Matthias Reim succeeds in what many musicians would like to succeed in: a song for eternity that no one will soon forget. But "Damn, I love you" does not protect the singer from low blows in his life. Nevertheless, he does not want to quarrel on his 65th birthday.
With "Damn, I love you" he became a star more than 30 years ago: Matthias Reim has had an eventful life. After the ascent, the free fall followed in the early 2000s with personal bankruptcy.
The fight back wasn't easy. Today he is fighting again - this time against the burnout that forced him to take a break from the stage. Still, Reim, who turns 65 this Saturday, doesn't think about quitting: "I love my unsteady musical life," he explains.
Always experiencing setbacks, always coming up, that's also the balance that the hit star draws for his career. "I've experienced lows - some even," he says, referring to the millions in debt that bad investments had brought him. "The singing bankrupt vulture from Mallorca" was the headline in the newspapers at the time.
With humor he had tried to maneuver through the serious situation. He made fun of himself with the song "Damn, I've got nothing" in a promotional video for a car rental company. And how does he look back on the bankruptcy today? "With a shake of the head - I was just too gullible," he says.
And yet life meant well for him, says Reim, who became a father for the seventh time this year. "That made me the person I am today," says the singer. In his music studio on Lake Constance, the native of North Hesse is still working on hits. His fourth wife Christin Stark, his son Julian and daughter Marie, who comes from a relationship with pop singer Michelle, also make music.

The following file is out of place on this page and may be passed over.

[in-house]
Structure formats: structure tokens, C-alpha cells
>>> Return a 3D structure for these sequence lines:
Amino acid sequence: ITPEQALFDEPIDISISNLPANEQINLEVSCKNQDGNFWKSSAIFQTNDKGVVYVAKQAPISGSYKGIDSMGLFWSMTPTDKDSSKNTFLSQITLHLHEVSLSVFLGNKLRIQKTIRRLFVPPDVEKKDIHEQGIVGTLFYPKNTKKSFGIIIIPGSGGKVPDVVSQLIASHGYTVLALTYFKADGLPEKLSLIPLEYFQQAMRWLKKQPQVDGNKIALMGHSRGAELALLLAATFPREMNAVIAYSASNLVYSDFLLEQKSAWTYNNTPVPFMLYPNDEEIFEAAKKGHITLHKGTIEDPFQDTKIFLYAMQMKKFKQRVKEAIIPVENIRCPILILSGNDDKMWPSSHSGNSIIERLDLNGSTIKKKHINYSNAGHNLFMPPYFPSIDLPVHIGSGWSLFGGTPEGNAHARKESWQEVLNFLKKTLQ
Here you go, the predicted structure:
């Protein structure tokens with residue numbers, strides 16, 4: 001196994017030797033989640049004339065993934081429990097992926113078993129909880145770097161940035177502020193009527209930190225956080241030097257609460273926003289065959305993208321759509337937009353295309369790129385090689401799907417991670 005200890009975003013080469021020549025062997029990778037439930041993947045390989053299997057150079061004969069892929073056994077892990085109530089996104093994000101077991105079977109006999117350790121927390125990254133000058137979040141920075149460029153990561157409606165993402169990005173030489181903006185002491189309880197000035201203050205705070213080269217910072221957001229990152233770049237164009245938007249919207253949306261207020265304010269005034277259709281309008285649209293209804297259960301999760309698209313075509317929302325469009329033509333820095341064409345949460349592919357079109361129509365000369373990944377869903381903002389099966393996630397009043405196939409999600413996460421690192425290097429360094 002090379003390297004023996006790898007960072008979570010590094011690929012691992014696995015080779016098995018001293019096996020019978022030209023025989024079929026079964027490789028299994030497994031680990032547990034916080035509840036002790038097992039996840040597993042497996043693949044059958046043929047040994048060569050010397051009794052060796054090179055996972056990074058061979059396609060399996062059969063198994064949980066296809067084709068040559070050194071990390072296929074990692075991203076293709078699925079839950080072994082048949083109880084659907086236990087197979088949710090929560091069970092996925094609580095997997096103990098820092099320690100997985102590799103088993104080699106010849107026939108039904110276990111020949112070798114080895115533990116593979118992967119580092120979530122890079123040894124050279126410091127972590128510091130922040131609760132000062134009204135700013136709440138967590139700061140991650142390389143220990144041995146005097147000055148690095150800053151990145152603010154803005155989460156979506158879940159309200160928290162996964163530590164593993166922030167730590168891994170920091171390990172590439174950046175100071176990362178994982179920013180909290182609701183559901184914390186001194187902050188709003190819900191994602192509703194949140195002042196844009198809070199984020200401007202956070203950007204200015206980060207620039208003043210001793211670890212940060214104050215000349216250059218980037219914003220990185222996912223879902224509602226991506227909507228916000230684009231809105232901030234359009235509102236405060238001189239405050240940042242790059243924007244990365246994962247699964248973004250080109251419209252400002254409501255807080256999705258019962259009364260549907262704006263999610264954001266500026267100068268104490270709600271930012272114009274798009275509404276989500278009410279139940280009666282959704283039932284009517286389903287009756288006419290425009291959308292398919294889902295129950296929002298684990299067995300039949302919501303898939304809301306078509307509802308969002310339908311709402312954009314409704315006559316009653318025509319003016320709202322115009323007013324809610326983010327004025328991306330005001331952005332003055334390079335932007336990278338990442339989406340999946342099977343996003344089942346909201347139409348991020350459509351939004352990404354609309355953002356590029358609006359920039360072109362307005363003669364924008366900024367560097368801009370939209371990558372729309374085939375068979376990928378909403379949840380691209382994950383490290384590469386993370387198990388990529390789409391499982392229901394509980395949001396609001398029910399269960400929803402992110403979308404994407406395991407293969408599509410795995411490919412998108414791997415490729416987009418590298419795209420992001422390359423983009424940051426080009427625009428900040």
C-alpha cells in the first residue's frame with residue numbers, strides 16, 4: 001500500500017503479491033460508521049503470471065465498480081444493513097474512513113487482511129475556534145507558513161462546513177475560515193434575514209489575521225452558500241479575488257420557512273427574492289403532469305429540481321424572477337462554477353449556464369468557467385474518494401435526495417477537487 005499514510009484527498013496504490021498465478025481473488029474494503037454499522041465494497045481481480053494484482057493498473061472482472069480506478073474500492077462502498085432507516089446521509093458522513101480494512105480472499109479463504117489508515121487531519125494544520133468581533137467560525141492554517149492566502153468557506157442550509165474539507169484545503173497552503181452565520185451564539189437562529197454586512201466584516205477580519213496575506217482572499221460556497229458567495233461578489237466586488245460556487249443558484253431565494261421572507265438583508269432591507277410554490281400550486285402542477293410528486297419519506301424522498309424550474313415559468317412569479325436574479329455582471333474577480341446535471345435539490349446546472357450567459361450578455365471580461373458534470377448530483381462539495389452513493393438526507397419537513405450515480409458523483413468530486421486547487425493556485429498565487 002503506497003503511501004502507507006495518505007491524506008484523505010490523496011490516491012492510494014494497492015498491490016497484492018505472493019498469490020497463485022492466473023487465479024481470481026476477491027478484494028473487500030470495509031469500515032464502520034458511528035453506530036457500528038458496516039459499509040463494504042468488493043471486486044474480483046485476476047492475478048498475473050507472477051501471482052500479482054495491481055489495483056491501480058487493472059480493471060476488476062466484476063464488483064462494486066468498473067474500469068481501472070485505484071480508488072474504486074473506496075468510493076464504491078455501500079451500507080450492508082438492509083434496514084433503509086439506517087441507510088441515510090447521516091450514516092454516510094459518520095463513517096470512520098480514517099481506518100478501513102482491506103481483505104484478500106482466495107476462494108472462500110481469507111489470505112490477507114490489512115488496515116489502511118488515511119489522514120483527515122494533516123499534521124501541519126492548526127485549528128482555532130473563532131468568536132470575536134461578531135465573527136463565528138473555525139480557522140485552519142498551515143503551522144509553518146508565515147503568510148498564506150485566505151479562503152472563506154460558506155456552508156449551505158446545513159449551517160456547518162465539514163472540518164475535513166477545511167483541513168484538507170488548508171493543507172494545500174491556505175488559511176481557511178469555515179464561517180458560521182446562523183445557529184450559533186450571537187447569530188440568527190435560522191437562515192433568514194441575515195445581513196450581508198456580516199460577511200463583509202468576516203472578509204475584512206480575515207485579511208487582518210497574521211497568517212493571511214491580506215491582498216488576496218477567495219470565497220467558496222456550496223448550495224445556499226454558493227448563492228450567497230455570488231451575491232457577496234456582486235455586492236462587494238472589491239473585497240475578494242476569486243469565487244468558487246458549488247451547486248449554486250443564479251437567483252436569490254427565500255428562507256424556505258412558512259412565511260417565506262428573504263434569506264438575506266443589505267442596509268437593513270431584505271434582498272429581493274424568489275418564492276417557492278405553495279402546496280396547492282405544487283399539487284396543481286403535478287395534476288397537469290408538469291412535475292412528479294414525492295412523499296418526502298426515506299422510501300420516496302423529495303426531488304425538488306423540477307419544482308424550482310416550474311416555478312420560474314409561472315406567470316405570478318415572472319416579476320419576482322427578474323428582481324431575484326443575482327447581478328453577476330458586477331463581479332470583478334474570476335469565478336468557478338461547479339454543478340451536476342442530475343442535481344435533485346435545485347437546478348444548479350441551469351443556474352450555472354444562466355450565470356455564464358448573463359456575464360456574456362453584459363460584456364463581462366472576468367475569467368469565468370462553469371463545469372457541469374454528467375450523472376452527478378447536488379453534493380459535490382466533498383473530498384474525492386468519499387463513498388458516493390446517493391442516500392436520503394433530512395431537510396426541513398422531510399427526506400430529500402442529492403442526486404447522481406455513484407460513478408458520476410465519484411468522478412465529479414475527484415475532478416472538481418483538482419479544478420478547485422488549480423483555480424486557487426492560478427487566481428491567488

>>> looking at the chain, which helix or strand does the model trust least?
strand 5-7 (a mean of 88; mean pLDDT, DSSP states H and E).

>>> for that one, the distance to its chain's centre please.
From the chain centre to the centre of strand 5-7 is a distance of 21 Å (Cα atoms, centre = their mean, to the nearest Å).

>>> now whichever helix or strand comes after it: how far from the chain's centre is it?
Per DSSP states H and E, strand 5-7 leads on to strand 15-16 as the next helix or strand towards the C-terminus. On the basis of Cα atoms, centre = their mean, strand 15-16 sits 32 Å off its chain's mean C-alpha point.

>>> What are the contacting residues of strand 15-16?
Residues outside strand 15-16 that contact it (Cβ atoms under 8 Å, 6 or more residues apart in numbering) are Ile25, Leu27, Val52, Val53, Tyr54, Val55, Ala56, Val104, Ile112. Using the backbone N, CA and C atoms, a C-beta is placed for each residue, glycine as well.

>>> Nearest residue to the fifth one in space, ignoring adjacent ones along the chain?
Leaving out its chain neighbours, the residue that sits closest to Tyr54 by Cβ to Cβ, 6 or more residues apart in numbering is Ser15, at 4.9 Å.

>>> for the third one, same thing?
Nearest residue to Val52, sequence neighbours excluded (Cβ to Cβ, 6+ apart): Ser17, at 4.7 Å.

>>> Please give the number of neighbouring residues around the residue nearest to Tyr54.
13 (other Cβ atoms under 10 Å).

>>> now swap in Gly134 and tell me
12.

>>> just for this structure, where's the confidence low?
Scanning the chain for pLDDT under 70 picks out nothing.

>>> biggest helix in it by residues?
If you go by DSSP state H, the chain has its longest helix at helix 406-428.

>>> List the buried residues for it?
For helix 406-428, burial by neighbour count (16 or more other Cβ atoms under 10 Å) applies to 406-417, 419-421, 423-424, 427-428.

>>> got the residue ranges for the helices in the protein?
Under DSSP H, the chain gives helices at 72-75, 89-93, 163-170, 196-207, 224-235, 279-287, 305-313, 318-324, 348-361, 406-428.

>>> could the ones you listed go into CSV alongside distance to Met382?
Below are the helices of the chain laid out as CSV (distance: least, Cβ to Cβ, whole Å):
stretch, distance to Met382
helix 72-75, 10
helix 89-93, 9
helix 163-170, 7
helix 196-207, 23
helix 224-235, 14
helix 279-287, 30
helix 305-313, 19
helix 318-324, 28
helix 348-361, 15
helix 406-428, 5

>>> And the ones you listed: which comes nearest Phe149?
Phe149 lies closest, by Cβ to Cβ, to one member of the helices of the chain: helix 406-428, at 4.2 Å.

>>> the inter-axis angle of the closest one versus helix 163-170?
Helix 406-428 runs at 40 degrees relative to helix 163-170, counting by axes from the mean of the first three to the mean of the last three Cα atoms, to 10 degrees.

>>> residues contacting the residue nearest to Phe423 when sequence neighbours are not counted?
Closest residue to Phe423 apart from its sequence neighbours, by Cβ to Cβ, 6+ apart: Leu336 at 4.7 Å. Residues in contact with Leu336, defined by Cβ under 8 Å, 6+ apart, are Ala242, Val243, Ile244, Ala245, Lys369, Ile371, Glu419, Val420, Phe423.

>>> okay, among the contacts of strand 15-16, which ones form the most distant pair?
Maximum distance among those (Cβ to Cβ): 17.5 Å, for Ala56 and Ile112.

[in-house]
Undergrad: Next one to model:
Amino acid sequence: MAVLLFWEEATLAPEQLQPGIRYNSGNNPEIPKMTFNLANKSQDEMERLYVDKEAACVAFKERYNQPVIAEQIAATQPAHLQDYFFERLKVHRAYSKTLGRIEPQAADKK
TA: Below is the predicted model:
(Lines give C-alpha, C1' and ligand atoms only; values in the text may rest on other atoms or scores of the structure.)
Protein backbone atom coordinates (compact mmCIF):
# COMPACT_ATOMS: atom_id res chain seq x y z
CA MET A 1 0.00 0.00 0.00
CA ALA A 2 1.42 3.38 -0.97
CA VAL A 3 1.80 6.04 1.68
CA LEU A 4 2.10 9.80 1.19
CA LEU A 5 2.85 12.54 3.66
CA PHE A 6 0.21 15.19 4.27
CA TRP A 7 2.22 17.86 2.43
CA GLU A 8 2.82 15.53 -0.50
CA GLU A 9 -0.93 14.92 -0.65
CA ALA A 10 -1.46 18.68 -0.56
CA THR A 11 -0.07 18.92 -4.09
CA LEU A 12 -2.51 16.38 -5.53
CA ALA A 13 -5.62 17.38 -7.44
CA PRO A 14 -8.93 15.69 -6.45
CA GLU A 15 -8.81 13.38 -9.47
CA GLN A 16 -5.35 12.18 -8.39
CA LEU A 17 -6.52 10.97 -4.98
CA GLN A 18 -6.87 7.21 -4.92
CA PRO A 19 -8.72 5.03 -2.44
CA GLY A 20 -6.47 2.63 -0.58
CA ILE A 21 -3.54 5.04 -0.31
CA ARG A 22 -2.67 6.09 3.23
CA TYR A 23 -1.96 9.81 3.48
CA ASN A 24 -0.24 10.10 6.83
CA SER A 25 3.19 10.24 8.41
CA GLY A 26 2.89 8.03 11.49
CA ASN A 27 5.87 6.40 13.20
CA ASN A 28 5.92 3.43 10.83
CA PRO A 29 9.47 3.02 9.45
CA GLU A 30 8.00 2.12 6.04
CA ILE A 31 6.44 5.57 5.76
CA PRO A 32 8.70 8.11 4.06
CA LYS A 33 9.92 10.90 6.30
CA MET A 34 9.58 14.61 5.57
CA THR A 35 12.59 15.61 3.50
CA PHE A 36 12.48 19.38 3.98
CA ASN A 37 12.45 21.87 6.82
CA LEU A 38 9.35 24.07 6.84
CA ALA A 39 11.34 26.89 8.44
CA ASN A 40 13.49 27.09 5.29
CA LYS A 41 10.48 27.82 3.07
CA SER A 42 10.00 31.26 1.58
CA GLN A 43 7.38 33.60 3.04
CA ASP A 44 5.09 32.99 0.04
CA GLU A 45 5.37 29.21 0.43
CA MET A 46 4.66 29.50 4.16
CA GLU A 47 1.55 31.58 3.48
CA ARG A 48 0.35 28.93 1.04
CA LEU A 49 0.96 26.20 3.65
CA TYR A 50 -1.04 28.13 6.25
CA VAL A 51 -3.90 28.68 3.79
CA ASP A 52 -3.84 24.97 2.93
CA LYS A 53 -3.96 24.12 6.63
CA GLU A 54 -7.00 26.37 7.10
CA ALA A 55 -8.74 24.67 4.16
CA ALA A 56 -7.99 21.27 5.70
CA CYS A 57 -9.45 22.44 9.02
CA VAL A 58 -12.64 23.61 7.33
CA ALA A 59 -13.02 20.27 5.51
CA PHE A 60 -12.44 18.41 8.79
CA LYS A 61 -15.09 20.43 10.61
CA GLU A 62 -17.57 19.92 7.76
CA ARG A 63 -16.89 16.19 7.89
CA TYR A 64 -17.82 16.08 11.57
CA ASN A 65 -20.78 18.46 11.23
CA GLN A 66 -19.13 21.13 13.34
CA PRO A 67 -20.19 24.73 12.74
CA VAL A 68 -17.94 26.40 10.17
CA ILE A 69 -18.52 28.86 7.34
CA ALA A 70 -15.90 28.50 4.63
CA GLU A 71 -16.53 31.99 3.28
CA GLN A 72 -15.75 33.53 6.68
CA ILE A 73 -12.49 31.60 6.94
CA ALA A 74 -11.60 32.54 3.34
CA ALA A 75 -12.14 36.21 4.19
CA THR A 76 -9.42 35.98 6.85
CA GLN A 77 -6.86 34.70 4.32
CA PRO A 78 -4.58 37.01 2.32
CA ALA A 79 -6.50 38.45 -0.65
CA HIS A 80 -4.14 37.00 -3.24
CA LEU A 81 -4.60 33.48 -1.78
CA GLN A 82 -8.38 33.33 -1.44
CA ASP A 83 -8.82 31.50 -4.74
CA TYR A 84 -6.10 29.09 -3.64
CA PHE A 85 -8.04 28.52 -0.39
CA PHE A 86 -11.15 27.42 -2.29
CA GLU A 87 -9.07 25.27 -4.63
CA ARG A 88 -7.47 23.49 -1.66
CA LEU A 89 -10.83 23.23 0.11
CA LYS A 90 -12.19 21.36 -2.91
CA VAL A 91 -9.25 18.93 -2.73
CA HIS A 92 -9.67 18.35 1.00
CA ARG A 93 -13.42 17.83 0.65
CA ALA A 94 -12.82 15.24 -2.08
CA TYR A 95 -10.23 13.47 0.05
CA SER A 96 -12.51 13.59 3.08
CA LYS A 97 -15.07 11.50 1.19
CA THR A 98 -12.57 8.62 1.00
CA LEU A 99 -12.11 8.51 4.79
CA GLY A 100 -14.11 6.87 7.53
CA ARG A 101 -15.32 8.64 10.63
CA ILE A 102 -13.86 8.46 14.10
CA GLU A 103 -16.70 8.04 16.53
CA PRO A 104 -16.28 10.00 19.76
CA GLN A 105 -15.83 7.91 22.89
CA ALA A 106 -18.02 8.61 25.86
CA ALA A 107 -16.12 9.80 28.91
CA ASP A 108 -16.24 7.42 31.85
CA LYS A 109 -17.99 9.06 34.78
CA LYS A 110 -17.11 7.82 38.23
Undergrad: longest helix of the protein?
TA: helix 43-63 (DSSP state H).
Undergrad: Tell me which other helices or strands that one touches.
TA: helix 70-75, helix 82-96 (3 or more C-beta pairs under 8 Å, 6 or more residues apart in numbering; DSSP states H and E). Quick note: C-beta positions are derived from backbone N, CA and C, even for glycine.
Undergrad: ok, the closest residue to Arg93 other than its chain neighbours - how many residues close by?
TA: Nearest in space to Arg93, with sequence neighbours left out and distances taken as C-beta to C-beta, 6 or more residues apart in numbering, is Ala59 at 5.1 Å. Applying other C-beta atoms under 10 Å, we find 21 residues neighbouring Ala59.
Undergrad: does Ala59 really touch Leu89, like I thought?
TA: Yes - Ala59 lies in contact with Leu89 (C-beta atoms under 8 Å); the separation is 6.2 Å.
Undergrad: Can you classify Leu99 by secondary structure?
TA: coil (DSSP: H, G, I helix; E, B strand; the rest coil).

The family is happy that health is improving again, says Reim, who is now continuing his tour after a two-month break. "The fact that I'm on the road a lot again - you've known that all your life. We're a family of musicians," says Reim.
He takes his burnout, which he describes as a total breakdown, seriously. He was a warning sign. "The worst moment for me was when I felt my voice slowly failing at my last concert." He thought it was the end of his career. "But I just couldn't take it anymore. Then I lay in bed at home, shaking all over." It was terrible.
He overdid himself the months before and always believed he was invulnerable. Now he pays more attention to rest breaks. "In between there are always work-free weeks when I can really relax and enjoy my big family."
He also wants to take it easy on his birthday. But he is still a long way from retirement. "Right now, I couldn't imagine sitting in a rocking chair somewhere enjoying retirement." But who knows: "Maybe when I get really old, I'll feel differently about it. But nope - I don't think so."